Ultimately James, speaking for the church, ruled that the Gentiles should not be expected to follow the Law, although the Gentile believers were asked to be considerate of the Jewish folk among them by avoiding some things that would cause them offense.

“It is my judgment, therefore, that we should not make it difficult for the Gentiles who are turning to God.  Instead we should write to them, telling them to abstain from food polluted by idols, from sexual immorality, from the meat of strangled animals and from blood.  For the law of Moses has been preached in every city from the earliest times and is read in the synagogues on every Sabbath.”

Acts 15:19-21 NIV

Paul refers to this council meeting when he writes the letter to the Galatians, in which he argues strenuously against making observance of the Law something that is required to gain or to maintain God’s favor.  For sure, Paul is not opposed to the Law, but he sees it as being something that is applicable to those who have not yet come to faith.  But once we have come to faith in Christ, we are no longer under the rule of the Law.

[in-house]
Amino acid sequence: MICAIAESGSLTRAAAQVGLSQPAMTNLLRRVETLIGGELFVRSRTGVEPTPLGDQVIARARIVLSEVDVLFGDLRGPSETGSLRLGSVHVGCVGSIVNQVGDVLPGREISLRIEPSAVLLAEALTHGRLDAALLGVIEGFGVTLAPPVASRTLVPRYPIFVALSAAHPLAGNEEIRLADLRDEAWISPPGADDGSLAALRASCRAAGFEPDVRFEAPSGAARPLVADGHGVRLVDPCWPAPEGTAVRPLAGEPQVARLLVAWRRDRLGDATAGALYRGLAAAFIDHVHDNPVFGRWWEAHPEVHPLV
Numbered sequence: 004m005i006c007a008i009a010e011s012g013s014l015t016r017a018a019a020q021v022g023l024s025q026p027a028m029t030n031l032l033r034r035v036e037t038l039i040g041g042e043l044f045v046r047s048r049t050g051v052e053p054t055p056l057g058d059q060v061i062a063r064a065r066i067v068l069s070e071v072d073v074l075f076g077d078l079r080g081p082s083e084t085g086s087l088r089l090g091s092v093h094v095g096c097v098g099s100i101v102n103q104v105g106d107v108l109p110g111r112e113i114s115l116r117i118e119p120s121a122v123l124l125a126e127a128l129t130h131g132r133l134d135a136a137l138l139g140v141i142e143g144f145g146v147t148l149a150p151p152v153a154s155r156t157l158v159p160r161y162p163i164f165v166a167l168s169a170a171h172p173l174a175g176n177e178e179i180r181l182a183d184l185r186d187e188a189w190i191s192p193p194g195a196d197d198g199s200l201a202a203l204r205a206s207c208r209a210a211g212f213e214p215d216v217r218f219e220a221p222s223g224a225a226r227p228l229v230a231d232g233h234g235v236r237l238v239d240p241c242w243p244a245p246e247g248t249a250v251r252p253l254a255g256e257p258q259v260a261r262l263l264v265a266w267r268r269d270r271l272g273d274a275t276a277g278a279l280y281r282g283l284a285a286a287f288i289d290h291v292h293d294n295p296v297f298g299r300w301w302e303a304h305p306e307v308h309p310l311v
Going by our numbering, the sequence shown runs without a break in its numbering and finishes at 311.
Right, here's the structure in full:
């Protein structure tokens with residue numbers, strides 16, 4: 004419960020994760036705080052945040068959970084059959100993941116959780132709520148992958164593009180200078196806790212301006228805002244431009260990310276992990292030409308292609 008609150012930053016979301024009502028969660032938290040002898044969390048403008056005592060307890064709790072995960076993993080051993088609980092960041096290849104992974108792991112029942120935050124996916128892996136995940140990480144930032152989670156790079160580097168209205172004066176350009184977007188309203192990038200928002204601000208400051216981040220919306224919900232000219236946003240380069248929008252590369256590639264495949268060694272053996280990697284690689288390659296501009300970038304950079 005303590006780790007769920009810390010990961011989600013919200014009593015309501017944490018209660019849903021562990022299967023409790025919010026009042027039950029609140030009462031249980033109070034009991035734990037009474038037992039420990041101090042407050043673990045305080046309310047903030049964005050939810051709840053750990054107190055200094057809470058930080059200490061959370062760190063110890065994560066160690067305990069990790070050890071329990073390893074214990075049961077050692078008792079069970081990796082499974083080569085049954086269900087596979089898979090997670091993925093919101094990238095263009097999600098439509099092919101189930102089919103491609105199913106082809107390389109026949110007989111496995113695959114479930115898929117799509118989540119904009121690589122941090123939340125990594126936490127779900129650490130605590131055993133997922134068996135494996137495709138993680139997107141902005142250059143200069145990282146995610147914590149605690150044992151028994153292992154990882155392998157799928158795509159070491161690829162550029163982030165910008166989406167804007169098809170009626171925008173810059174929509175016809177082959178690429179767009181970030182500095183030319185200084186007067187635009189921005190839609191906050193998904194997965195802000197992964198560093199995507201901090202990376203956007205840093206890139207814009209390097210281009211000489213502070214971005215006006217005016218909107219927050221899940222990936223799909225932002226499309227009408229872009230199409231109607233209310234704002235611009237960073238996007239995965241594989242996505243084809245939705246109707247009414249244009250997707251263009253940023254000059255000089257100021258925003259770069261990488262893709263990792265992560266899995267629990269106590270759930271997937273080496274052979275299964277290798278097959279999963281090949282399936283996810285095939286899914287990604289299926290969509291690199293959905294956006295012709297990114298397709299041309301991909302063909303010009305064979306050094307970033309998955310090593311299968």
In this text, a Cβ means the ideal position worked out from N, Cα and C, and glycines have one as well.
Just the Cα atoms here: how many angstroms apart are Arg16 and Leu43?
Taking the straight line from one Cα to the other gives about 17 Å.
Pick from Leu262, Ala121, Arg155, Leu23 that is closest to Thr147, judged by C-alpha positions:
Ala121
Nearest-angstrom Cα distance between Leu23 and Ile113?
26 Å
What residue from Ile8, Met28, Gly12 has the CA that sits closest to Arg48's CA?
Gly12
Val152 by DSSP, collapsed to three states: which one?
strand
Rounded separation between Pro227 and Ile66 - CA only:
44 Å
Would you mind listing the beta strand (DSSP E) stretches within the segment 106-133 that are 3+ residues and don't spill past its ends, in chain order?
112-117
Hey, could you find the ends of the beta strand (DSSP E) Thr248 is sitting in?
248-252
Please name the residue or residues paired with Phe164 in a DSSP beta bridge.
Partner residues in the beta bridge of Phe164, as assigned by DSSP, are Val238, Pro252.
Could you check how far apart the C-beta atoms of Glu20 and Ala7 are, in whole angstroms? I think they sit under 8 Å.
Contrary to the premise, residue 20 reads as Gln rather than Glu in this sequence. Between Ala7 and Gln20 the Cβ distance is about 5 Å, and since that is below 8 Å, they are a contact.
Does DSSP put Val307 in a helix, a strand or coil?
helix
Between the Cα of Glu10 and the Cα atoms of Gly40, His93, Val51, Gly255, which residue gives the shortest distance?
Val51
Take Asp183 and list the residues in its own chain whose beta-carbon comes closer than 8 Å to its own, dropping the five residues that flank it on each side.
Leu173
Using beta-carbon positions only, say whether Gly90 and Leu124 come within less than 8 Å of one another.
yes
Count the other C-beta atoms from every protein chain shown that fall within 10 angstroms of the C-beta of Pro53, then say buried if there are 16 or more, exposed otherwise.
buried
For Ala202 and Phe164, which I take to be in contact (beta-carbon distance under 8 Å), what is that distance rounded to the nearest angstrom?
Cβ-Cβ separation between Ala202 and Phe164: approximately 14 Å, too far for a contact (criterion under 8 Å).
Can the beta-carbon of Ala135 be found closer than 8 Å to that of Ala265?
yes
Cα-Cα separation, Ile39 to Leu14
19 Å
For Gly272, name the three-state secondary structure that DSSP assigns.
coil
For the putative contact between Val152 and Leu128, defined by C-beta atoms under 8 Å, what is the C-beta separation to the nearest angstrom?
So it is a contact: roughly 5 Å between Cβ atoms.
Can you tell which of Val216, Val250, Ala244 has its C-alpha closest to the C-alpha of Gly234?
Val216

Before the coming of this faith, we were held in custody under the law, locked up until the faith that was to come would be revealed.  So the law was our guardian until Christ came that we might be justified by faith.  Now that this faith has come, we are no longer under a guardian.

Galatians 3:23-25 NIV


So, under the new covenant, what is the role of the Law?  In the first few chapters of Romans, Paul works to wrap all humanity up under sin, separated from God.  And in that discussion he says that it is through the Law that we become conscious of sin, it is the Law that makes clear to us that we have fallen short of the perfection that God requires.

Therefore no one will be declared righteous in God’s sight by the works of the law; rather, through the law we become conscious of our sin.

Romans 3:20 NIV

No one has ever been, or ever will be declared righteous based on observance of the Law.  Instead the Law proves our need for a savior.  Once we have experienced the gift of righteousness that comes from God through faith, the Law has performed its function; it has been fulfilled.

Do we, then, nullify the law by this faith? Not at all! Rather, we uphold the law.

Romans 3:31 NIV

The Law is a good thing, so long as one uses it properly.  Obedience to the Law is not a replacement for, or enhancement to, faith.  But it continues to be stand as the standard that the unbeliever can measure against to help them realize their inability to please God based on their own efforts.

Fulfilling the Law – Matthew 5:17-20

From the Sermon on the Mount in Matthew’s gospel comes this passage that, I believe, is often misunderstood and applied.